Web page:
Using the ¡Vámonos! Forest Grove map, this adventure is a 5.7-mile biking and walking route plus connecting routes that take you through two neighborhoods on the National Register of Historic Places. You’ll pass by schools, parks, farms, a farmers market and downtown’s shops and dining. Along the way are views of Cascade and Coast Range peaks, valley bottomland, beautiful homes and heritage trees.
Start your Forest Grove biking tour downtown at Main Street and 21st avenue, one block west of Pacific University. On Main Street you’ll see restored brick buildings dating from the 1890s and offer local shopping and dining. During warmer months, this section of Main Street (between Pacific and 21st avenues) closes to auto traffic to host the weekly Forest Grove Farmers Market. The market is managed by Adelante Mujeres, the Forest Grove nonprofit that provides Latina women and their families with the tools they need to flourish. Find organic produce, cheeses, local art and music Wednesdays, 4 to 8 p.m., early May to mid-October.
Proceed west (right) on Pacific Avenue from downtown and pass through quiet, old streets of the Walker Naylor Historic District,. One of three historic districts in Forest Grove, it sits to the north of downtown and west of Pacific University and represents a century’s worth of Forest Grove history. Home styles range from the large, ornate homes of university faculty and city businessmen in the mid-1800s to smaller World War II-era cottages.
The area was initially settled by the town’s professionals and businessmen who constructed Victorian homes on large semi-rural lots. By the early-twentieth century a regional boom fueled by demand for agricultural and forest products resulted in a burgeoning downtown, increasing enrollments at Pacific University and the accompanying expansion of residential neighborhoods.
Turning right, ride along B Street for three blocks, and then turn left on 23rd Avenue. Follow 23rd Avenue .9 miles as it curves north onto Goff Road and onto big views at overlooks of the verdant Gales Creek floodplain and Coast Range beyond.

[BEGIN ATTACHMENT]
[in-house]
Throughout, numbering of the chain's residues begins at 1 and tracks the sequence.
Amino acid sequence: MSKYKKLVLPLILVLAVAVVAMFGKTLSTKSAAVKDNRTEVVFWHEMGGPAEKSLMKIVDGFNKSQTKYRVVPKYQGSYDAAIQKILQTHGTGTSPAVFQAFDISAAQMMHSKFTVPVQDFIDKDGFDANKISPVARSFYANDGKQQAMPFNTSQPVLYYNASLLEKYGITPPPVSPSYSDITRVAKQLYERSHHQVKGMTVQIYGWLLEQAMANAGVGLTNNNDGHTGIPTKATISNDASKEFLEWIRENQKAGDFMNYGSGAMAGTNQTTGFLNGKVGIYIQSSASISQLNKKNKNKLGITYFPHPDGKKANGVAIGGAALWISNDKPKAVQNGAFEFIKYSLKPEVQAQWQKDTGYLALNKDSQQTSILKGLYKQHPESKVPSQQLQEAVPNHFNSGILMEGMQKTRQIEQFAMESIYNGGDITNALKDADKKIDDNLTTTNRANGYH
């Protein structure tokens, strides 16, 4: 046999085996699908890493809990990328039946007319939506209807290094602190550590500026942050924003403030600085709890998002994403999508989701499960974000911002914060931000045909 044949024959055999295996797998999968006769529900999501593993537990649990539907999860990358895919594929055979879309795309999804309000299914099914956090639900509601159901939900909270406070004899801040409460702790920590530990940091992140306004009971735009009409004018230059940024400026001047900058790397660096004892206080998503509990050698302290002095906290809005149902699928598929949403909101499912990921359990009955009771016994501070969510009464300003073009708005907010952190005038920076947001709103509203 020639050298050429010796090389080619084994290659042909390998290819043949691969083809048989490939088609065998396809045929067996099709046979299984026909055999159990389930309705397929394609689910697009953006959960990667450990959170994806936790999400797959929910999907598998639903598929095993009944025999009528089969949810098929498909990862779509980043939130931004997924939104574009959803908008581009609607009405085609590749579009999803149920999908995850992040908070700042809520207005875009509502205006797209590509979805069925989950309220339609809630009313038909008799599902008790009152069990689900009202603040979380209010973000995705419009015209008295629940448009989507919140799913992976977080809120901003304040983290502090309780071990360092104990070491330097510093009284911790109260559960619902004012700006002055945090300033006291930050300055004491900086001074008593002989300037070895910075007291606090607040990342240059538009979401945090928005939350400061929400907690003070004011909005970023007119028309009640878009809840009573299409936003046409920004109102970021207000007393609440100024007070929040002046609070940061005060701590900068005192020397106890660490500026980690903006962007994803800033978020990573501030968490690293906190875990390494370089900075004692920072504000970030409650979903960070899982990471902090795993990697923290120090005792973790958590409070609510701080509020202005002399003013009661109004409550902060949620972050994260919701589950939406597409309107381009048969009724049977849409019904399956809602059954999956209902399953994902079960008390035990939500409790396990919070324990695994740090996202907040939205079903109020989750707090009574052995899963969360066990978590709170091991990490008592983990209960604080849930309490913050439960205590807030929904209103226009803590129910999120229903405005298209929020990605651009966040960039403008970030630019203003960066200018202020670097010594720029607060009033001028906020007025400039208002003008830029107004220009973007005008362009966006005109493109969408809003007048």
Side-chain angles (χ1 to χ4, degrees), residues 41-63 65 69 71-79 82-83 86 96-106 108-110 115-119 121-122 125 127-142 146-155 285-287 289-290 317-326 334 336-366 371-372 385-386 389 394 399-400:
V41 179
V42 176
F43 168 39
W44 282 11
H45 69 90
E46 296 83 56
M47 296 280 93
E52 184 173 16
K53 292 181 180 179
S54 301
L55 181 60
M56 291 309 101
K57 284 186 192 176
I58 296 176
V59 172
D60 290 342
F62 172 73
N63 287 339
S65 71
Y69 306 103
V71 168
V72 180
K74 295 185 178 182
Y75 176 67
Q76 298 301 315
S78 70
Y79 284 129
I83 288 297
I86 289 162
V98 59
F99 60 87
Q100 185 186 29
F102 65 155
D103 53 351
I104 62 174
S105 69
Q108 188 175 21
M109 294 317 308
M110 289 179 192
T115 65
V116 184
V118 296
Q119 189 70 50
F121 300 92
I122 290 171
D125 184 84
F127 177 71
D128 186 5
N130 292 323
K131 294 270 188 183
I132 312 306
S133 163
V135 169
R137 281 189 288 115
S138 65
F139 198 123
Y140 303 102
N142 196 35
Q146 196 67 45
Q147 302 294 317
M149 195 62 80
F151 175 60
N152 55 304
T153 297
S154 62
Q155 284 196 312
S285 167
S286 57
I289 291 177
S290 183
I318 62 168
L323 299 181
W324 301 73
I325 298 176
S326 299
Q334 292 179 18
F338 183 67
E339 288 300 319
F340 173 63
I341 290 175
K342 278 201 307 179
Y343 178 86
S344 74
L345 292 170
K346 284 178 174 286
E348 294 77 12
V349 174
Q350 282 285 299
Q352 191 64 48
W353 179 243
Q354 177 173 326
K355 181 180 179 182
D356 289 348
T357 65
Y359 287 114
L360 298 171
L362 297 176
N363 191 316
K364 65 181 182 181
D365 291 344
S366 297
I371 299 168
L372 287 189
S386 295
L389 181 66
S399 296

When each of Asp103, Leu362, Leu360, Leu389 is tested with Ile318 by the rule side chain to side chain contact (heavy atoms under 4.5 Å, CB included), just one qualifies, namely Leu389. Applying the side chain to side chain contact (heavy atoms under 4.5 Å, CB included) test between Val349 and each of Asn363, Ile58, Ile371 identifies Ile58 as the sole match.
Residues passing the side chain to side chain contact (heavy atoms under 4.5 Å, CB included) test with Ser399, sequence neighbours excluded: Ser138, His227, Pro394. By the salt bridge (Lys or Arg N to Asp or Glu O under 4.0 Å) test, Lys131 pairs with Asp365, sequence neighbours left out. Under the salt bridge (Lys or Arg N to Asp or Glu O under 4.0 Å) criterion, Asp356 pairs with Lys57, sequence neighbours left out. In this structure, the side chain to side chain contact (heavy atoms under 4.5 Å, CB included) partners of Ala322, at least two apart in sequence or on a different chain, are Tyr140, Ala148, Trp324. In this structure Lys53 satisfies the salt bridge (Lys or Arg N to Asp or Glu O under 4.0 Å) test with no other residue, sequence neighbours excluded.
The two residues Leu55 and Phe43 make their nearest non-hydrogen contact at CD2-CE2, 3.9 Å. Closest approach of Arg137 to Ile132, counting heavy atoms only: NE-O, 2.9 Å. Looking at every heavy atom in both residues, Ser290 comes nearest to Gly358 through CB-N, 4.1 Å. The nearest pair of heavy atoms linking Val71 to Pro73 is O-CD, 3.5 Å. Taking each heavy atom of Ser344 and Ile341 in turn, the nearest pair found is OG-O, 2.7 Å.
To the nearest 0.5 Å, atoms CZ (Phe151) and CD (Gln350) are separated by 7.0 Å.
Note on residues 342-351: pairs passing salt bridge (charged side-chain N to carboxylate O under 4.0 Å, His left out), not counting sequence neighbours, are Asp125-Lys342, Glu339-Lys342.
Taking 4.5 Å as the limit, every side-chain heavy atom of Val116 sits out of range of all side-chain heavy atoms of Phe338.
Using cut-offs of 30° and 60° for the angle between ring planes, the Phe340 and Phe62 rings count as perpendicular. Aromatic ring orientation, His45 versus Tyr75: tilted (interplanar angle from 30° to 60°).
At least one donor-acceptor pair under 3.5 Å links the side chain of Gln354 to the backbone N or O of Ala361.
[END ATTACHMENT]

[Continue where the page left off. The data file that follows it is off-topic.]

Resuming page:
As Goff Road splits, turn right onto Willamina Avenue, and follow for .9 miles to quiet Talisman Park, home to an enormous spreading Oregon white oak that set down roots long before settlers built the first log cabin in today’s Forest Grove.
Following the park trail to Northwest Willamina Avenue. For a longer tour, turn left on Gales Creek Road and continue onto Thatcher Park. In this, the city’s newest park, and find views of Cascade peaks, hiking trails, ball fields, and an off-leash dog area and picnic grounds.
For a shorter trip, cross Gales Creek Road and continue along NW Willamina Avenue, pass the small pocket park Hazel Sills Park, and turn right onto Main Street. Just past 28th Avenue, take a break with one of the many recreation options at Lincoln Park. If you can roll on it, throw it, bounce it, kick it or splash with it, take it to Lincoln Park. This large, public recreational complex has it all: every kind of ball field, a playground, BMX course, skatepark, walking trails, and the Forest Grove Aquatic Center with its indoor pools and outdoor spray park.